In the 1950s the Anandi Mukherji-led faction of the Forward Communist Party merged into BPI, bringing into BPI the Bengal, Bihar and Uttar Pradesh branches of the Forward Communist Party.[14][3] In June 1954 the Workers and Peasants League of Nepal Bhattacharya merged with the party.[3]

By the mid-1950s BPI claimed to have around 3,000 members.[5] Most lived in West Bengal, but the party was also active in Assam, Madhya Pradesh, Bihar, Bombay and Uttar Pradesh.[5]

The trade unions led by BPI joined the United Trade Union Congress.[15] Sisir Roy became the general secretary of UTUC.[15]

In alliances

The party joined the SUCI-led United Left Front ahead of the West Bengal Legislative Assembly election, 1957.[16] Amongst the BPI candidates, contesting as independents, was Barada Mukutmoni in Titagarh (fourth place, 6.92%), Nepal Bhattacharya in Ekbalpore (fourth place, 9.60%) and Sudha Roy in Fort (fourth place, 9.75%).[17]

In 1957 a split occurred between Sisir Roy, the party general secretary, and Bishwanath Dubey, a prominent trade union leader of the party.[3] Roy accused Dubey of acting in cahoots with US imperialist interests.[3] The split broke the Dock Mazdoor Union into two, and also provoked a split in UTUC.[18] Dubey and his followers constituted a faction of their own, which in 1959 joined the Tagore faction of the Revolutionary Communist Party of India.[3] After Dubey was forced to leave the party, the BPI trade union work was significantly weakened.[3] In 1963 Dubey founded a new, rival West Bengal Dock Mazdoor Union.[18]

The party was part of the CPI-led United Left Front during the 1962 West Bengal Legislative Assembly election.[19] Amongst the BPI candidates, contesting as independents, where Sita Seth in Bhatpara (fourth place, 0.92%), Barada Mukutmoni in Deganga (second place, 32.83%) and Nepal Bhattacharya (second place, 24.41%).[20]

Bhattacharya era

Sisir Roy died in 1960.[15] Nepal Bhattacharya became the new general secretary of BPI.[3] Sudha Roy replaced Sisir Roy as UTUC general secretary.[15] At the 1965 party conference Sudha Roy called for a merger between BPI and CPI.[3] The conference rejected a merger and Sudha Roy and her followers left BPI to join CPI.[3]

United Front

Ahead of the West Bengal Legislative Assembly election, 1967 BPI joined the CPI-led People's United Left Front.[21] BPI candidates, contesting on CPI tickets, included Barada Mukutmoni in Naihati (third place, 13.10%), Sita Seth in Bhatpara (fourth place, 1.99%) and Nepal Bhattacharya in Bijpur (third place, 18.56%).[22] Ahead the election the People's United Left Front joined the United Front which formed a state government.[23]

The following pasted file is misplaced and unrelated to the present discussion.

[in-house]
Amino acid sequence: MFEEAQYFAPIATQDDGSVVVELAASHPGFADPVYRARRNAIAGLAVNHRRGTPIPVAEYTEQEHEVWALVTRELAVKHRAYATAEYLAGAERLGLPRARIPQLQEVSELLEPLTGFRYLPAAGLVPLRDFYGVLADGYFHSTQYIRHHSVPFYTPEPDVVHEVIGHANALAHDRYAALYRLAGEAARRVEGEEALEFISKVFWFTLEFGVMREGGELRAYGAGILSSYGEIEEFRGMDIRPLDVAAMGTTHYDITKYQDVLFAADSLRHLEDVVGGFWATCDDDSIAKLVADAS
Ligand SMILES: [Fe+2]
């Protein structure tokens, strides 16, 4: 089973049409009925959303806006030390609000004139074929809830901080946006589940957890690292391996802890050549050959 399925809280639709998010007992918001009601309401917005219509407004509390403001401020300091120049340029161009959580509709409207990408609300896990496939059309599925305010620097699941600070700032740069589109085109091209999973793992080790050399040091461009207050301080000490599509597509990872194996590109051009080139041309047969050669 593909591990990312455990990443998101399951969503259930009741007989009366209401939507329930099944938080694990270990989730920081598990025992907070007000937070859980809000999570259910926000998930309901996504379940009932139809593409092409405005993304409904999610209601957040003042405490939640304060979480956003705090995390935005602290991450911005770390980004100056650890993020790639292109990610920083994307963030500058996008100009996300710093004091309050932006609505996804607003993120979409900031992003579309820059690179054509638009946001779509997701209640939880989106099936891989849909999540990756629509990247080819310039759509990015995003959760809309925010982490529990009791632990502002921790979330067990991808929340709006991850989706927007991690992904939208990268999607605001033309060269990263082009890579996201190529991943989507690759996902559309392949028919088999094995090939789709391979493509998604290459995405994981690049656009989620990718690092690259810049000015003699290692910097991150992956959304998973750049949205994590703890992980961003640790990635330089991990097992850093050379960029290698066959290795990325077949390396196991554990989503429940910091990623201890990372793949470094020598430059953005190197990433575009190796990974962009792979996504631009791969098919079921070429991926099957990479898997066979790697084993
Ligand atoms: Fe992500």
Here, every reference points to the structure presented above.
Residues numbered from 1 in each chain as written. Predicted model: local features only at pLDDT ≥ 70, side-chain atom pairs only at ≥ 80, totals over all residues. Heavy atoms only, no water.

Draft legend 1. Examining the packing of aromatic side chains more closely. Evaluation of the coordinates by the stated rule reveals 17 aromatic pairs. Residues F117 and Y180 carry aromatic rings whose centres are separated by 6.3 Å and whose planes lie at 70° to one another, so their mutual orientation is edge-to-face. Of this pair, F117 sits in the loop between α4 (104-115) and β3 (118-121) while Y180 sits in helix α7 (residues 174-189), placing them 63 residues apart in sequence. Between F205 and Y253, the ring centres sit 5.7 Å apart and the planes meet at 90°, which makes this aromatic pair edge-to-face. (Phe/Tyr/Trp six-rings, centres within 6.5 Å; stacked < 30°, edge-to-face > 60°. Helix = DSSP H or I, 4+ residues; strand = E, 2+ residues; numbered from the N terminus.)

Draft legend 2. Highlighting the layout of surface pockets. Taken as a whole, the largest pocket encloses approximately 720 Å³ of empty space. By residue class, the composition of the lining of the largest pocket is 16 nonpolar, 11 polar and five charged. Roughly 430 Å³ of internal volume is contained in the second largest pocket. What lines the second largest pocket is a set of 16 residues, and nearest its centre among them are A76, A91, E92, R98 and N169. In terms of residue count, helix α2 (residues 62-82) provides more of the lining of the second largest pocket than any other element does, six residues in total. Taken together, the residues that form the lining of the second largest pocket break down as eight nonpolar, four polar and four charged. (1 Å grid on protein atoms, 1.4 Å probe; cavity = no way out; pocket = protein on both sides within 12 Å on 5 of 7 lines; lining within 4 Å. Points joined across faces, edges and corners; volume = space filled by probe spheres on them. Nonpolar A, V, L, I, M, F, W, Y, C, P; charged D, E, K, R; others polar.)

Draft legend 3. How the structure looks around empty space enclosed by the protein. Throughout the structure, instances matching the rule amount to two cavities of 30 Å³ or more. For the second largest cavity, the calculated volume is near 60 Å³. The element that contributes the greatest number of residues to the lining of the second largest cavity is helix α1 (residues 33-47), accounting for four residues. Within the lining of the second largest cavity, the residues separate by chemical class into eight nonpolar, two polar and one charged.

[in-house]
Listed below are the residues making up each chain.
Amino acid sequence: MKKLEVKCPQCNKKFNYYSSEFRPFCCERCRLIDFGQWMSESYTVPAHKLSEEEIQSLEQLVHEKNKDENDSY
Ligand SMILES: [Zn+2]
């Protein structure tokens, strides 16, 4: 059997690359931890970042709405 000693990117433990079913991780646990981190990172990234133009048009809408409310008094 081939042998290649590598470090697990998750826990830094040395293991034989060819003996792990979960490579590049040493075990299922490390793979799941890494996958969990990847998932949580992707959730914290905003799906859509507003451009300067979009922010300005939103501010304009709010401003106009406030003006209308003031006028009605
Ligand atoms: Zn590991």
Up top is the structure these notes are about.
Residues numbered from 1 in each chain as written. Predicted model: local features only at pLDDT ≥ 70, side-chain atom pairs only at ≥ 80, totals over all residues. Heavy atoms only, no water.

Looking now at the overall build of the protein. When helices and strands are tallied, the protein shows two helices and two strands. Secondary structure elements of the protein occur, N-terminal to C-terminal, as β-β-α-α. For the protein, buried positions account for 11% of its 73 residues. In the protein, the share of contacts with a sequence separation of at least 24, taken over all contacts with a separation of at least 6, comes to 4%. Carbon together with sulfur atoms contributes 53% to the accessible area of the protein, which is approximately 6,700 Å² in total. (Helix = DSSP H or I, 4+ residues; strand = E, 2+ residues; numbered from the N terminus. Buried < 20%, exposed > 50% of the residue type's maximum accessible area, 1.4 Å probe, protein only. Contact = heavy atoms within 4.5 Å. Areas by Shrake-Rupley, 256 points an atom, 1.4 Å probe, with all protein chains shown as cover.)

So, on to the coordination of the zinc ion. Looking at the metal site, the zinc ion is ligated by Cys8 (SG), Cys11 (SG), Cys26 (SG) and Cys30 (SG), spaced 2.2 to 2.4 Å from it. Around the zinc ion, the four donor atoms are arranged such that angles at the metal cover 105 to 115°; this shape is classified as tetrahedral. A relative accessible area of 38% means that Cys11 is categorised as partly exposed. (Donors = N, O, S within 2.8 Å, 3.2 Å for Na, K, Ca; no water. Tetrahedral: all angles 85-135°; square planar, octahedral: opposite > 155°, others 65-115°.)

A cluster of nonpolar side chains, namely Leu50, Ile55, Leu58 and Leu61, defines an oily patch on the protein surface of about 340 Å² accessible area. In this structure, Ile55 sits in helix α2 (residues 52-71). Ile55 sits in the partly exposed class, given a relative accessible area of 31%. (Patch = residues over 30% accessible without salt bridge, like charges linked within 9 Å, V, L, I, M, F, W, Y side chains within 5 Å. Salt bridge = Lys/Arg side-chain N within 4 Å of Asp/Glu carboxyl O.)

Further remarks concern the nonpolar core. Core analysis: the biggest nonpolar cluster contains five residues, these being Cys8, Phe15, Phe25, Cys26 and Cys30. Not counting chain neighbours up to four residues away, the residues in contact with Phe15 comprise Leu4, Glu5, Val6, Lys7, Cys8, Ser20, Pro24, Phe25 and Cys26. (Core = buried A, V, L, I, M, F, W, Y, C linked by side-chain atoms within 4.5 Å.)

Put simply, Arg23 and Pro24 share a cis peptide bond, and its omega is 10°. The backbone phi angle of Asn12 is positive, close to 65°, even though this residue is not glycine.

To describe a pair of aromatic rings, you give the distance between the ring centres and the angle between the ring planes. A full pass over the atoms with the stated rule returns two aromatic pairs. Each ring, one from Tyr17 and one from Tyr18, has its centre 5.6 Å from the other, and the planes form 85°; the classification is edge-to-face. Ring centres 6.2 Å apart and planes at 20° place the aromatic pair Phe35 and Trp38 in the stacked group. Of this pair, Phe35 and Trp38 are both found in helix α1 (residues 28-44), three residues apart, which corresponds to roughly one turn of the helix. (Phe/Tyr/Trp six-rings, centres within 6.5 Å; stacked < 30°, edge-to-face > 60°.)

In March 1969 Barada Mukutmoni was named Minister of Tourism in the second United Front government of West Bengal.[24][3]


A split occurred in BPI in the wake of Mukutmoni joining the state government.[3] To become a minister Mukutmoni had to resign from his post as secretary of the West Bengal State Committee of BPI, which he did.[3] But when the State Committee met on 14 March 1969 Mukutmoni's candidate for new secretary was defeated in a vote.[3] Mukutmoni refused to hand over the secretary post to the secretary-elect Sita Seth and in July 1969 the Central Committee of BPI declared expelled Mukutmoni and his followers from the party.[3][25] In response Mukutmoni formed a Central Committee of his own at a meeting in Kalyani, Nadia District in July 1969, with three expelled West Bengal State Committee members: Sita Kanta Bhattacharjee, Jyotish Dutt and Santosh Mukherjee.[3] The two factions clashed over control of the party headquarters on Central Avenue.[25]

After the fall of the United Front cabinet and ahead of the West Bengal Legislative Assembly election, 1971 the BPI (Nepal Bhattacharya group) joined the CPI(M)-led United Left Front whilst the BPI (Barada Mukutmoni) joined the CPI-led United Left Democratic Front.[26][27] When CPI later withdrew from front politics in West Bengal, the Mukutmoni faction aligned with the Janata Party.[28] The Mukutmoni faction later merged into the All India Communist Party.[28]

Current status

For many years, BPI went into decay and was isolated from other left forces.[29]

The party contested the 1991 elections as a partner of the SUCI-led electoral front.[30]

In later years there were efforts to revive the party.[29] As of 2015 present BPI is headquartered in Nagpur.[31] As of 2011 the party claimed having stae committees in Delhi, Maharashtra, Uttar Pradesh, West Bengal, Bihar and Jharkhand.[32] As of 2014 Shashikant Waikar was the general secretary of the party and Chitta Nath the secretary of its West Bengal Committee.[29] As of 2014 the party had joined the West Bengal Left Front.[29][33][34]